Celebrating 30 years of New Model Army’s Thunder and Consolation
When it first emerged in 1980, New Model Army – the Bradford, West Yorkshire rock band, not the seventeenth century Parliamentarian military unit – seemed like the second coming of the Clash.
Righteous of politic, fiery in attack and savage in demeanor, singer/guitarist Justin “Slade the Leveller” Sullivan and his cohorts seemed on their 1984 debut LP Vengeance like a return to the basic political punk of a few years prior, with only a folky undercurrent putting it just a step to the left of its forebears. But the quality Sullivan most shared with the Clash was musical ambition – as good as he was at basic punk rock, it was far too limiting a form for his widescreen aesthetic. Understanding how to connect the storytelling aspects of folk music to the raw power of hard rock in a way that’s unique even now, Sullivan expanded the group’s sound as it signed to EMI for a four-album run. 1985’s No Rest For the Wicked and 1986’s The Ghost of Cain upped the ante for the band as songwriters, arrangers and performers, moving its rock & roll vision from clubs to theaters, in spirit if not in actual deed. By the time the band got to 1989’s Thunder and Consolation, oft considered NMA’s best album, the target seemed to be the back rows of stadiums – the better to disseminate Sullivan’s messages as far and wide as possible.
The first thing to notice about the music on Thunder and Consolation is the sheer aural size of it. Co-produced by NMA and Tom Dowd, whose resumé encompasses everyone from Aretha Franklin and the Bee Gees to Lynyrd Skynyrd and Derek & the Dominos, the record enjoys a huge, spacious sound, as if recorded in an empty cathedral. The trio – guitarist/keyboardist Sullivan, bassist/keyboardist/guitarist Jason Harris and drummer/co-writer/guitarist/bassist Robert Heaton – understands exactly how to use the room it’s been given. Rather than fill every nook and cranny with multiple overdubs of guitar, keys and percussion, like so many artists did in the eighties, the musicians ornament the tracks just enough – an atmospheric synth on the vast “I Love the World,” a subtle sequencer on “225,” violin moaning like a ghost on “Green and Grey” and wailing like a banshee on “Vagabonds.” Sullivan is no six-string virtuoso, understanding that all he needs is a good riff and powerful rhythm work to put the songs across; strong and supple, Harris and Heaton give him exactly the support he needs. Mixer Andy Wallace – soon to be first call after mixing Nirvana’s Nevermind two years later – makes the tracks thick with energy without sacrificing clarity. In terms of sheer sonic impact, Thunder and Consolation packs a powerful punch.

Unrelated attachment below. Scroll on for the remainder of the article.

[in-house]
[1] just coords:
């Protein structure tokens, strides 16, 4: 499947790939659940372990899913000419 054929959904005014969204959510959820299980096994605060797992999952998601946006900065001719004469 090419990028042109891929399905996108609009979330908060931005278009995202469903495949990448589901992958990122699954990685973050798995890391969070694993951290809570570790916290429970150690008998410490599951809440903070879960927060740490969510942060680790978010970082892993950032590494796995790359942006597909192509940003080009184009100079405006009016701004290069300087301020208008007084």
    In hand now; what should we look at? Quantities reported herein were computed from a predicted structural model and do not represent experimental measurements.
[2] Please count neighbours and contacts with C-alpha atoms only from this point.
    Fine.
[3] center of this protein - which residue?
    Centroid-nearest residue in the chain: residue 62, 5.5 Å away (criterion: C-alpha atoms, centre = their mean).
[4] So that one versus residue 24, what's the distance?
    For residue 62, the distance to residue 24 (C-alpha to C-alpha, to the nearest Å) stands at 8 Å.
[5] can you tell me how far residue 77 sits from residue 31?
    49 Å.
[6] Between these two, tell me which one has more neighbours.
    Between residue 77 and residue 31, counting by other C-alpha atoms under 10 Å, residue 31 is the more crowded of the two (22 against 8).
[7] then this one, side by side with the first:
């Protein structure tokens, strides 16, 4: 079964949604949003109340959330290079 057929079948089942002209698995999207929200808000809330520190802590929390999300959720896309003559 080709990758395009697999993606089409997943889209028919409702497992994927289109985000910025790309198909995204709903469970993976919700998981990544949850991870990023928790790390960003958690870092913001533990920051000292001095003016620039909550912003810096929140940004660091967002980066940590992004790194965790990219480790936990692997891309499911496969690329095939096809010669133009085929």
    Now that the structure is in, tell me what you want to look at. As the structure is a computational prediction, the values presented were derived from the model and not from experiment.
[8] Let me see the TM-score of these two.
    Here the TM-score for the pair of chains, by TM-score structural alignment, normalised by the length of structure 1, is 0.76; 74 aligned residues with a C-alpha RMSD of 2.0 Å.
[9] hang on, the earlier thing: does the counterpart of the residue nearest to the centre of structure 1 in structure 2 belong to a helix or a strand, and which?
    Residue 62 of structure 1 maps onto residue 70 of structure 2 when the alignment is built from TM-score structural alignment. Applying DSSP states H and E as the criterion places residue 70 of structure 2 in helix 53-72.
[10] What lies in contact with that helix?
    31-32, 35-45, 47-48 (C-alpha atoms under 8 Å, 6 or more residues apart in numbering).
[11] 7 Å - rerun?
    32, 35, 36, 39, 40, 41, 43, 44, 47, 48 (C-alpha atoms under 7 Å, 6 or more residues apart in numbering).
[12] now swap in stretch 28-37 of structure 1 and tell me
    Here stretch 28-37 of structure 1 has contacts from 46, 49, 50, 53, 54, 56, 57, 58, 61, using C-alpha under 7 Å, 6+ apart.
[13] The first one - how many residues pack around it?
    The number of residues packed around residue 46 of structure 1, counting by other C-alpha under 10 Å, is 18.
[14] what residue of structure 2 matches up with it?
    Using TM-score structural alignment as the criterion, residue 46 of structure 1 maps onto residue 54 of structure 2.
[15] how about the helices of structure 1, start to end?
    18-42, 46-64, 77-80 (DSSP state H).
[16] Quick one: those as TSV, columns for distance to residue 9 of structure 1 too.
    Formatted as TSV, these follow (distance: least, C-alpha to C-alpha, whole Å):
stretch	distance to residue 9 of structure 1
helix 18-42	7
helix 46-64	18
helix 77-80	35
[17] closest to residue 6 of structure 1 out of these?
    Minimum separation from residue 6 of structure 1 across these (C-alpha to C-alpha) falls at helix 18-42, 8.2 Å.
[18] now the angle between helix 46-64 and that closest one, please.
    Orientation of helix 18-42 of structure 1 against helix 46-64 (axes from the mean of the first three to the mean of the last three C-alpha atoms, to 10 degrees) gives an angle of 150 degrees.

Stepping directly into the wide vistas of this arena rock world, NMA doesn’t fuck around in the song department. Sullivan and Heaton (and sometimes Harris) pen a series of rock anthems, aiming for the skies on nearly every tune. Released as a single, “Stupid Questions” rides a powerful folk rock hook on a journey of sneering defiance. “225” surges forward like a bullet train, its momentum carrying everything relentlessly forward. “Green and Grey” becomes folk rock on a massive scale, the better to ruminate on bitter loss. “Inheritance” strips it all down to just drums, voice and an occasional single note piano, as Sullivan curses his forebears for leaving a mess of a world for his generation to clean up. While maintaining its rock muscle, “Family” establishes a near-funky groove atop which Sullivan describes the need for lonely misfits to find each other. “Vagabonds” revels in Celtic melodies, while “Family Life” simmers in gentler waters. “The Ballad of Bodmin Pill” and “I Love the World” sport the biggest hooks and melodies, practically demanding the cheap seats sing along. “125 mph” ends the original album with a frisky shuffle of self-reliance, asserting “You can die before you get old/But me, I’m going to live forever” without a hint of arrogance. (Future reissues would add several bonus cuts, including the strange, moody “Archway Towers,” the weirdly groovy “Chinese Whispers” and the anthemic “White Coats.”) Sullivan’s political fire remains undimmed, but he also searches new territory, leaning into spirituality, history and personal concerns as much as social commentary. His writing is at its most well-rounded here, a state that would continue going forward.
Recording was fraught with interpersonal tensions, but Sullivan, Harris and Heaton persevered, knowing it was on to something truly special. (Though Harris did leave the group after this.) Good job they did, as they created a landmark in the catalog whose songs fill out New Model Army’s setlist to this day. Three decades on, Thunder and Consolation still has the ability to surprise and amaze.